The Grand Exhibition of the Pre-Vinylite Society: An 18th Century Revival is a sign painting exhibition presented in alliance with London Letterheads. The show directly references an exhibition of signs that took place in London in 1762. The original Grand Exhibition of the Society of Sign Painters opened on April 22, 1762 on Bow Street, Covent Garden. The exhibition was a satirical display of pictorial signboards, some painted specifically for the show (purportedly by William Hogarth) and some taken clandestinely from the city streets in the aftermath of a city-wide sign ordinance which required all projecting signs to be removed.
One of the few surviving objects from this exhibition is its companion catalogue, which playfully and often facetiously describes the pictorial signs for the 18th century viewer. For our Grand Exhibition of the Pre-Vinylite Society, the artists work directly from the 1762 catalogue to translate the descriptions into contemporary lettering and pictorial styles. Each artist interprets a description from the original catalogue by lettering it verbatim, rendering it pictorially, or by utilizing both techniques.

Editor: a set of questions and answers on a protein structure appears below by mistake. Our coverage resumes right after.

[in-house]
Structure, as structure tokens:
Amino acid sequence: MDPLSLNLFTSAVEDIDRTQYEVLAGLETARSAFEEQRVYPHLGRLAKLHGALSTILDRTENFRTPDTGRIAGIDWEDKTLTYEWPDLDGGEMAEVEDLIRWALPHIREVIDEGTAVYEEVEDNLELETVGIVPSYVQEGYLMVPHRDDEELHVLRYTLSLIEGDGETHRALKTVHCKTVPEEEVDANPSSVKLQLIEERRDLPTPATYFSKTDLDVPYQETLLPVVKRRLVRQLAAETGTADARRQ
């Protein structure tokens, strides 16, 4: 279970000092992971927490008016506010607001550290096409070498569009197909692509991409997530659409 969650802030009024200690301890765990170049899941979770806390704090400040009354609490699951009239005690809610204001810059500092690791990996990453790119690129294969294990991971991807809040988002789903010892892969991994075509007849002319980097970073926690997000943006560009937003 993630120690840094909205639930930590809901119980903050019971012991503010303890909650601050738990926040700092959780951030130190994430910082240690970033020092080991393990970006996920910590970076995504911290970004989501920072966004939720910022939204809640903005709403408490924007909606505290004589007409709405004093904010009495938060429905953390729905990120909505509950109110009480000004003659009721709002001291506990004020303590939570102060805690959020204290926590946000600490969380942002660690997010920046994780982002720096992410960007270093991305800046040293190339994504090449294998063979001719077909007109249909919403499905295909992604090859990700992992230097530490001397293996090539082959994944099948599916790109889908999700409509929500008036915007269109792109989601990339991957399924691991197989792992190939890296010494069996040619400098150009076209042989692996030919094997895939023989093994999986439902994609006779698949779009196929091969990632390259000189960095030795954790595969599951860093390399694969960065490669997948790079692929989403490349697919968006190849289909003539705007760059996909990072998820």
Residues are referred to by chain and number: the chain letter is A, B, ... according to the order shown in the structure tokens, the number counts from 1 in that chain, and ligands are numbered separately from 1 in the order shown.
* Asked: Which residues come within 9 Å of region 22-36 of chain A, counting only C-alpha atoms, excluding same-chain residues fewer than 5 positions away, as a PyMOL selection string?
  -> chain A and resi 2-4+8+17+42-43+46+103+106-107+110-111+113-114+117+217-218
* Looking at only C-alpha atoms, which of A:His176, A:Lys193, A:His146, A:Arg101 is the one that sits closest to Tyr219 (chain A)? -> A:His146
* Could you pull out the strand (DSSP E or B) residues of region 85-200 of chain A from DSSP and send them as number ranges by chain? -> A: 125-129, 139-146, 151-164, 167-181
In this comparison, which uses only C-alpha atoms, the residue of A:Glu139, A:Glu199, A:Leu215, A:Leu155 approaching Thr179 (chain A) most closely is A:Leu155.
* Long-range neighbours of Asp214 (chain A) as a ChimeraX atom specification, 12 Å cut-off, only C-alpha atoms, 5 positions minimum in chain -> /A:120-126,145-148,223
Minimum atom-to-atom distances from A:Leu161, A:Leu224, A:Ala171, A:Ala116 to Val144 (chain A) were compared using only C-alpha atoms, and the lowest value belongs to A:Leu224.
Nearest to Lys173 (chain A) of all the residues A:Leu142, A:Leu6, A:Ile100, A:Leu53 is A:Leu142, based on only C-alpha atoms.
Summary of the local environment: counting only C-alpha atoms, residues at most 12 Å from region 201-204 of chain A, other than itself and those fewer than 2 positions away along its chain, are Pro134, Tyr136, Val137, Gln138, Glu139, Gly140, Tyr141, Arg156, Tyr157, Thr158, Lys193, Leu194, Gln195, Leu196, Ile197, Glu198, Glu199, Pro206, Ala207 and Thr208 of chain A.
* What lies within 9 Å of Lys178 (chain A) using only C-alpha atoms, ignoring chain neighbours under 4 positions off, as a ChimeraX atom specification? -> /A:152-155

While this exhibition references 18th century British signs, it is not a replication or reenactment of the 1762 Grand Exhibition. Instead, this show is a contemporary interpretation, or “revival,” of the historic event. In the 256 years since the men behind the Society of Sign Painters used the medium of sign painting to express their varied views on 18th century London life, sign making has remained an integral method of public expression and demonstration. Our Grand Exhibition of the Pre-Vinylite Society is a celebration of 21st century sign painting as told by a global community of sign painters, using the historic occasion in 1762 as inspiration for their work.